Who would have known

15 months ago, we had no clue we would end up doing house sits in Singapore and Sri Lanka this year. Well, probably nobody knew or imagined that back then.
But, it’s happened and for that we are forever grateful. So many possibilities opening up, people we get to meet and learn from, houses, animals, foods and cultures we never had thought of experiencing.


Excited Jazzie

This is true though for most parts of life: little is predictable and there’s always change, no matter how much we hope to control or plan – there’s always change. Not saying plans are bad or unneccesary, just that they, and we, need to be flexible and adjust to whatever comes our way.


Extended visa

When flying to Sri Lanka four weeks ago we had no clue we would fall in love with this country and be so happy about having extended our visas for another two months.
That a thought I spent some time on yesterday was when we leave here in April, when will we be able to come back again?! How many months will we be away from Sri Lanka until next time?


A6, our waiting number at the Immigration office

With that thought in mind, I started smiling – how can one miss a place when still being there, and what do I know about what is to come in the following months? The thinking/feeling might be totally different then, so why spend time worrying over it now?


Daisy says 'smile and be happy'

Anyways: Little do we know.
How can we live in that understanding today? (that we basically don’t know squat).

Let’s go explore what happens when knowing we don’t know!

Love and joy,


Bumpy train ride from Weligama to Negombo

Today we took off to Colombo and then to Negombo for a house sit that starts on Thursday/Friday.
After two weeks in Weligama, last night was party night at “our” Sri Lankan family’s house!



They had prepared many different things for us; coconut torches on the front side, music for dancing, lovely bbq fish, drinks, a big dinner and ice cream (!) with jelly.


The guys off to buy arrak

I danced for hours, or that’s what it felt like, with kids from the village. The grown-ups didn’t dance until it was dark.


Some of the kids and parents

People stood out on the street to watch us, and some of them were clapping along with the music. Again, it was a sight to see the “tall” Swedish Sri Lankan girl dancing!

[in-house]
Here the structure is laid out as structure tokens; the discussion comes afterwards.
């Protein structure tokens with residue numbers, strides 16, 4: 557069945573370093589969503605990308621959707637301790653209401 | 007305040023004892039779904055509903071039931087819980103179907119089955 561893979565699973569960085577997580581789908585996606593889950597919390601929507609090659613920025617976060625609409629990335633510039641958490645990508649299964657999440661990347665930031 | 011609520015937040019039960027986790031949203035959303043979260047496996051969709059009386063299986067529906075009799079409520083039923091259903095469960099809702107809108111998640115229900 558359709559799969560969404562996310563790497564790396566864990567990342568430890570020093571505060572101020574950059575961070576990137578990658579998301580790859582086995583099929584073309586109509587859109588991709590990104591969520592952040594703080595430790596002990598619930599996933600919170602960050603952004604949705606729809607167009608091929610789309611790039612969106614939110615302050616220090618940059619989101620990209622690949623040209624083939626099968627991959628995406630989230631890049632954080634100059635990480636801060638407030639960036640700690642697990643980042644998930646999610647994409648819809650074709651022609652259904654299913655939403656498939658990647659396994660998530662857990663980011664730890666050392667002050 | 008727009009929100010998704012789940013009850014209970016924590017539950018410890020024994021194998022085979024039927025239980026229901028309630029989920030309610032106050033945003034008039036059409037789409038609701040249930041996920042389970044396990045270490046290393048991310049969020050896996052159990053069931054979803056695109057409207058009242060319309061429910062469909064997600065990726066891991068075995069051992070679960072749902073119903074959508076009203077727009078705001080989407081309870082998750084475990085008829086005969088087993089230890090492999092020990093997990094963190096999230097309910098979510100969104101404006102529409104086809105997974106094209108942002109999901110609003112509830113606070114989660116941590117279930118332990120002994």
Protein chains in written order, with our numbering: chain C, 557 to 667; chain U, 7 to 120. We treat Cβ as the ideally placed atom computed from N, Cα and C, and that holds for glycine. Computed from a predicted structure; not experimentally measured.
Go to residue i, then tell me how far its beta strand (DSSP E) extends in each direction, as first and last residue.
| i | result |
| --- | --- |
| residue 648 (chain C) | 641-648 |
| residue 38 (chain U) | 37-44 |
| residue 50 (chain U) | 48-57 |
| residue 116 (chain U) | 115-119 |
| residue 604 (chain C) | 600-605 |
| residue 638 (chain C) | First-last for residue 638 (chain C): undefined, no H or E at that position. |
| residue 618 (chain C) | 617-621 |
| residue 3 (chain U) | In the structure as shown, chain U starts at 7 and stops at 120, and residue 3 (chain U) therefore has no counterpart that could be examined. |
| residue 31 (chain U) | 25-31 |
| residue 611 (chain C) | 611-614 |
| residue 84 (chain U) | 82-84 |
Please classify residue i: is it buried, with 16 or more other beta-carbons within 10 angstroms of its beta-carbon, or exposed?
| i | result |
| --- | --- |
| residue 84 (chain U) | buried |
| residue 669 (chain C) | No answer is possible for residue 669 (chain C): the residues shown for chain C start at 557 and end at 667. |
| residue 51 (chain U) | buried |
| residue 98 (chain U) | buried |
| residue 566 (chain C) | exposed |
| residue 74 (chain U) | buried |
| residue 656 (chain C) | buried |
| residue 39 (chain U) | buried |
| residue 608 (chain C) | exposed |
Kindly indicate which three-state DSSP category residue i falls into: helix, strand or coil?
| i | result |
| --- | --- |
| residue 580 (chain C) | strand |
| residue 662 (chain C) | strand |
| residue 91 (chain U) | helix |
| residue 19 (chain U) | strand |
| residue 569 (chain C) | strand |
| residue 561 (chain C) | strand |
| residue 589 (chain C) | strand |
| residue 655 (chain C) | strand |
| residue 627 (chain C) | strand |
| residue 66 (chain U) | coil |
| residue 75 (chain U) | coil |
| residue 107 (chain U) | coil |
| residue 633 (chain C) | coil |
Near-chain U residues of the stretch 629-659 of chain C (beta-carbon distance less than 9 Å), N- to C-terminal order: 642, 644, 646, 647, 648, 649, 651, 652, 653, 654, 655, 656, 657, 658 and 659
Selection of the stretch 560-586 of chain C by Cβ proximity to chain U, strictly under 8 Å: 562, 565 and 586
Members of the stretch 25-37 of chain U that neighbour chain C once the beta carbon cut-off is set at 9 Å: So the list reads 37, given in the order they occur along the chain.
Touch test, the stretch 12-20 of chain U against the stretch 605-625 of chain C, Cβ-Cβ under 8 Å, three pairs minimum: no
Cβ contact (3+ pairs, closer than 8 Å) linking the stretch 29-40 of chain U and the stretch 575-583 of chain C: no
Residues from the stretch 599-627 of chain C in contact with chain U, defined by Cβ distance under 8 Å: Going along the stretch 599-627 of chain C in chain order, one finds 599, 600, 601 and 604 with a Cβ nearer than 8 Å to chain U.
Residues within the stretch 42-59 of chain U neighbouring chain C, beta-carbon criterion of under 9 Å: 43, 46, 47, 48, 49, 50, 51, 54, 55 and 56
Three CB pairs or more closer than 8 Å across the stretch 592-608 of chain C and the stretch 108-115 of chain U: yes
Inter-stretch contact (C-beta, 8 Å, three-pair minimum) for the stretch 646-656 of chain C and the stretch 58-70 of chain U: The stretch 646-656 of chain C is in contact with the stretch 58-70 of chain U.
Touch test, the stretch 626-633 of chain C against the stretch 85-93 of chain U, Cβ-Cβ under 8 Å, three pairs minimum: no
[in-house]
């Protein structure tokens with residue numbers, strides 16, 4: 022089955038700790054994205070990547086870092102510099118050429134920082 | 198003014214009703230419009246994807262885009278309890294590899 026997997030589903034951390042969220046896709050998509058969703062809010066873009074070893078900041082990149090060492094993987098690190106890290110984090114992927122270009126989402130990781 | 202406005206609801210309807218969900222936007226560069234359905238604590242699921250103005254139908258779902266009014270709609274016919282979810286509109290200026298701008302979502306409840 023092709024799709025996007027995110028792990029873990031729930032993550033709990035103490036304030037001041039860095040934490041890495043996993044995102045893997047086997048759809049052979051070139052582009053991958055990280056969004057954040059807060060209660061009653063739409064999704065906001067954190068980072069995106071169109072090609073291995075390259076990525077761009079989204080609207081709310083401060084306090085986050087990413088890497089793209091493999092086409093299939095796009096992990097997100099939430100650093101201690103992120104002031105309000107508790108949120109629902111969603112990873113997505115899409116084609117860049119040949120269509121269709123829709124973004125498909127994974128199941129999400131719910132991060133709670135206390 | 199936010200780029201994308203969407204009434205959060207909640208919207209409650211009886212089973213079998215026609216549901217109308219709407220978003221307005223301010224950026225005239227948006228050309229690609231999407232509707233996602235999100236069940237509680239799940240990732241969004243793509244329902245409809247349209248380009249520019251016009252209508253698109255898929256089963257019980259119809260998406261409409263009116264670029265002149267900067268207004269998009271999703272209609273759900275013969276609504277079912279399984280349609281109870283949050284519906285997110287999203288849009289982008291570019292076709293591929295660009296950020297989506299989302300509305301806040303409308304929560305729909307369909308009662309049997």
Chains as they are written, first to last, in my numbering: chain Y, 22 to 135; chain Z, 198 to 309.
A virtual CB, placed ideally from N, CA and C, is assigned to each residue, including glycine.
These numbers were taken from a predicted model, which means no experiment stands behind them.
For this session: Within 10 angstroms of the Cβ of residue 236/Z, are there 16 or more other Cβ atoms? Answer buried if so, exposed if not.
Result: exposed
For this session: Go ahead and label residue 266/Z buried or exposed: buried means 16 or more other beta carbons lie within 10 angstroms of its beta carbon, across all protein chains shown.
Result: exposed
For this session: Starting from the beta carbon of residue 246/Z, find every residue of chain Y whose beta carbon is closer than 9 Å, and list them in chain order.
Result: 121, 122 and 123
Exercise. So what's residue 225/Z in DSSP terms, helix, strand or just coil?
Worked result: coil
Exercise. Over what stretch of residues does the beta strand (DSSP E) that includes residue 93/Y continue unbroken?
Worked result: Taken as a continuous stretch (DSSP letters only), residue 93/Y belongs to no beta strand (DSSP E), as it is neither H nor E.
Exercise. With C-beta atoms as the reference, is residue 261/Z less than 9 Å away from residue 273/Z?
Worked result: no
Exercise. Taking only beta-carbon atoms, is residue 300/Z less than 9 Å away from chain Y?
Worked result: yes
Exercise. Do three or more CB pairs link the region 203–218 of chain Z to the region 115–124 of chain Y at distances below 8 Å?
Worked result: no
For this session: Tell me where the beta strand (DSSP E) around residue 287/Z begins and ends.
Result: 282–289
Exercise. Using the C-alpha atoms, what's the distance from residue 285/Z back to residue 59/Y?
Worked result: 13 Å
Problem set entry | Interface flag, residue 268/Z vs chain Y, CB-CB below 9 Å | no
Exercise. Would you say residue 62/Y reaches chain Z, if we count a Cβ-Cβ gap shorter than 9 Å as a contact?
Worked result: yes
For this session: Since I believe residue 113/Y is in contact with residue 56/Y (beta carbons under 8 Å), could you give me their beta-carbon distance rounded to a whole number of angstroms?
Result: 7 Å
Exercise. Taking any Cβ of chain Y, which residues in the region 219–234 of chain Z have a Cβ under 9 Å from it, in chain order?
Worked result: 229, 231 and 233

Kids all excited about us dancing together


Coconut torches in the making

So, after sharing this lovely time together, we spent a last night in the small hotel by the beach.


Breakfast with a view

About six hours on trains today, costing around €2,50 for the both of us. Hot, bumpy, beautiful and another very Sri Lankan experience.


We got seats today!

An hour of waiting in Colombo passed quickly in the company of a Chinese woman.


Colombo Fort railway station


Lots of people at the station

Finally we arrived at the place we’ll stay at and care for two shy dogs, and tonight we sort of got a cultural shock when hanging out with expats and westerners after several weeks with mostly locals.


Train from Colombo to Kochchikade

Anders won a bottle of white wine at the quiz and bingo night we attended in Negombo, so that was very nice!
Tomorrow we’ll probably just rest, get some fresh fruits to the house and get settled with everything around here.

Until then!

It’s so French!

The minute I stepped out of the shuttle bus from the airport, arriving in Toulouse, I could recognize the sense of France I remember from last winter and spring that we spend in this region.
All of a sudden it was clear that I actually do know and remember quite a lot of French words (in writing), and I was even able to order my lunch in French, with a little translation help from the English menu.

The lunch was a French love story in itself with taste of rosemary, fresh locally grown vegetables and a superb coffee afterwards. High quality products and good cooking does make a huge difference.


Green grapes

Now I’m back at one of the places we were house sitting at last winter, with people who have become our friends and now host me while I help out with a little work on the farm. Here are horses, cats, sheep and chicken, and today I get to work on a renovation project in the old stable.


Fresh eggs every day

These people are so sweet, hugging me time and making sure I am doing good all the time. And they too serve food to die for! Lots of it is grown here in their own vegetable garden.

Next week Anders arrives, and then we’ll be house sitting at this place for two weeks. It’s very quiet and calm out here, and a lovely view over the Pyrenees and I am so happy to get to see this view now, when it’s green, sunny and beautiful in another way than last winter.


French country house

When living a nomadic lifestyle it’s wonderful to come back to places and people, to recognize and be able to actually continue a conversation and not always start a new one.


Work outfit


Four new eggs per day


The sheep love beeing fed grain


Hills and valleys

Take care and enjoy this day. Who can you take up a conversation with today?


Towards 4000 K

We had a good drive down to our new house sit and have been here for about 24 hours now. Getting to know the place and the pets. It surely is more tiring to adjust to new environments than we had imagined. It’ll be a calm and quiet night.

On the road from Nice to Toulouse

On the road from Nice to Toulouse, getting close to have driven 4000 K since we left Sweden


Alfie, the dog of the house

Alfie, the dog of the house